Things to remember while using UiPath
We've all heard stories about how UiPath automated and improved the performance of various processes that were tedious and inefficient when executed manually. And this article is to help you get the best benefits out of using Uipath. Here are a few important points to remember while using UiPath.
Karthik Kamalakannan / 06 January, 2020
A good project or workflow should have the three things in a column: Good Exception Handling, should Scale at-need and Easy to Debug. Here's a minimal Checklist of 5 to ensure that your Project satisfies the three important things.
A process should have two layers which are Grouped Process and Splitted Process. A big process should be grouped as separate workflows (Ex: Logging into a web application and Scraping a set of data should be one workflow) and that grouped workflow should have reusable components (workflows) where each workflow should do only one thing and should have generic dependencies so that it can be reused at any point. For Example, The Grouped Workflow can be split into 3:
- Scrape Data
A process should handle all the possible known exceptions and unknown exceptions. First of all, what is known and unknown exception? Known exceptions are things that you can predict and check for before executing it and unknown exceptions are unpredictable. Known exceptions include checking if a file exists before moving or copying to another location to avoid File Not found Exceptions thrown at runtime and check if the page is navigated correctly to do operations on it to avoid possible Selector Not found Exception thrown at runtime, etc.,
Now, How to handle unknown exceptions? Just surround the workflow with a Try-Catch Block, then catch handles appropriate exceptions that might occur.
Logs are very helpful during the process and also for post-development. Logs tell what and when an exception occurred, what happened and happening in the process. UiPath can give generic logs but you need to ask UiPath to tell the process-specific log based on the business use case. Here's a checklist for logs in your process:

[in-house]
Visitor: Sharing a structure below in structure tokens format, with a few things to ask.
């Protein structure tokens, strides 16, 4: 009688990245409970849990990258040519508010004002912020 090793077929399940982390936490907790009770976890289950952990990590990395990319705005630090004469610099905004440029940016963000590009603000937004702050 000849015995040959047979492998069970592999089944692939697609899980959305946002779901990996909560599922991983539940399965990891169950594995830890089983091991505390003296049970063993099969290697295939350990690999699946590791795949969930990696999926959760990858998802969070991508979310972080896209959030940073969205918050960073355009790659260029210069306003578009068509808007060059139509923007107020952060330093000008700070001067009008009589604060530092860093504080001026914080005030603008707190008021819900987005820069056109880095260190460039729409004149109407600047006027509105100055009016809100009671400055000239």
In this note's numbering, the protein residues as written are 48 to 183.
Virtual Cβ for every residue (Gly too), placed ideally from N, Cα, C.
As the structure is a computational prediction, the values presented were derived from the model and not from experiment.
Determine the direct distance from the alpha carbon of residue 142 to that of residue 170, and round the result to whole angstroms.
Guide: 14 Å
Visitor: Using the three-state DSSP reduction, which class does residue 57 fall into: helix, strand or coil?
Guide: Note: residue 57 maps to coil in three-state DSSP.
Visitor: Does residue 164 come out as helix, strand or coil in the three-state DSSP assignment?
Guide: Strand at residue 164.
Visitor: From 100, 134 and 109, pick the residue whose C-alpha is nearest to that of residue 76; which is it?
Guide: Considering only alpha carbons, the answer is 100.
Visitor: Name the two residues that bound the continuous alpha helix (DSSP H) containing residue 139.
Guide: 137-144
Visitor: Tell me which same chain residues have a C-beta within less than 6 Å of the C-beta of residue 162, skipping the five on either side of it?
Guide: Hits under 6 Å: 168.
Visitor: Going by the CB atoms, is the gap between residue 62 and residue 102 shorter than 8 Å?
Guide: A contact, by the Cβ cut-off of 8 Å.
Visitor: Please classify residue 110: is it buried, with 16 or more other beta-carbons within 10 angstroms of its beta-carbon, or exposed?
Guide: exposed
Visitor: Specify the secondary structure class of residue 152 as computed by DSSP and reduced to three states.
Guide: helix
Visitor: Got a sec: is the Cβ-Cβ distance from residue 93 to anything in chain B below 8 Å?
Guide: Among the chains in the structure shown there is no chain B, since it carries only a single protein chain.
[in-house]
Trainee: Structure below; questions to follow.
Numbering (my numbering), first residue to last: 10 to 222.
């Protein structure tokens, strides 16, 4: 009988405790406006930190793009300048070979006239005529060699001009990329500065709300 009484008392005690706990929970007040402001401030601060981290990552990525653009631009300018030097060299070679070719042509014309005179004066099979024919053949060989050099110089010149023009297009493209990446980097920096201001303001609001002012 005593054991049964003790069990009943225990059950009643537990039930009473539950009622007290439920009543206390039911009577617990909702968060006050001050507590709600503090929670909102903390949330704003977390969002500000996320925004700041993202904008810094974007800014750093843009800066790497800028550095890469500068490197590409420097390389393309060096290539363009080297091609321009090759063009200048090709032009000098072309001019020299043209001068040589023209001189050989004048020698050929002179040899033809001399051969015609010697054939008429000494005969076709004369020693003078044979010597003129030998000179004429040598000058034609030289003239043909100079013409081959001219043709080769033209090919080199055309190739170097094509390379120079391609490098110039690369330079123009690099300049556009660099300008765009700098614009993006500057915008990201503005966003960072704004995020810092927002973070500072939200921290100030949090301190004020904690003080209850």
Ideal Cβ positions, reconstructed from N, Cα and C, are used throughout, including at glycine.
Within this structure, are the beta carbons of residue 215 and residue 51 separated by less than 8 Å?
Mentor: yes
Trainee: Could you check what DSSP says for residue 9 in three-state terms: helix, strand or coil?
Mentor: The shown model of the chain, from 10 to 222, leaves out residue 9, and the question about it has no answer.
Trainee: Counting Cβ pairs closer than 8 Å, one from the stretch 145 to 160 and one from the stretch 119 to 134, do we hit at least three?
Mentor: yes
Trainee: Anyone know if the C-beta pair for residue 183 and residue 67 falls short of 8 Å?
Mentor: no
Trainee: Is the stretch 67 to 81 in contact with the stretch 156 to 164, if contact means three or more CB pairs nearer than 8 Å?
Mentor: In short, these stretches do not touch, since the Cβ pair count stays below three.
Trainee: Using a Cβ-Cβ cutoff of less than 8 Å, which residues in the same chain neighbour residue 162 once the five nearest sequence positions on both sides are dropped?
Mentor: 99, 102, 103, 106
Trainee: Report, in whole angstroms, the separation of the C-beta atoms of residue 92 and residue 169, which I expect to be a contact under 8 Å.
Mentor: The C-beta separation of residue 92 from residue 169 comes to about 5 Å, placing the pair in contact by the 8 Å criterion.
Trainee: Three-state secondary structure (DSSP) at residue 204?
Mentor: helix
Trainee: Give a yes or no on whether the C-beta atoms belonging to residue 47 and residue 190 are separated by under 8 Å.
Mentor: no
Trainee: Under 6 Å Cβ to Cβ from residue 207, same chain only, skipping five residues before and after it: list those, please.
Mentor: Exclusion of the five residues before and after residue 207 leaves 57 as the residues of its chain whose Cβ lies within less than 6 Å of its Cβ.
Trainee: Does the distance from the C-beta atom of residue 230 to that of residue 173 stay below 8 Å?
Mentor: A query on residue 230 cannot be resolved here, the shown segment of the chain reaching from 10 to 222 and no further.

- Logs at Start and End of a Workflow to know the successful execution of the workflow.
- Checkpoints - Logs at certain points in a workflow to know where your process execution is at.
- Decisions - Log Decision Making (Then & Else in If) to know what decision your process took.
Why do you want to name an activity? So, when an exception occurs, UiPath tells you where the exceptions occurred, it also gives information about the title of the activity. So if the activities are not named properly, UiPath will tell that an exception occurred, say 'Click' and there can be numerous Clicks. So if you name it like 'Click Dashboard', there are not many dashboards to click so it is easier to pinpoint the location of the exception.
How to choose a workflow type? Sequence, Flowchart, and State Machine have their own use cases. For Example, a Login workflow can be a sequence since there won't be a lot of decision making but what if there is a lot of decision making to be taken and where there are multiple branching logical operations, that's where Flowchart can be handy.
So when to use a State Machine? Consider the following, your target application pops up a random TLS error and you need to retry that particular process. You can solve this with the help of a State Machine. A state machine can have a finite number of states to which you can transition to based on an outcome of a particular state. The first state will have the workflow where the exception occurs, It'll have two transitions: A Retry State and A Final State. When Exception Occurs, Set the Retry Flag to True so that
it will transition to Retry State where it clears the session and retries the process. If there is no error/ maxed the retry threshold, it transitions to the Final State where it sends an email about the issue or does nothing if the process is successful.
Happy Automation! :D
Last updated: November 21st, 2023 at 6:56:16 PM GMT+0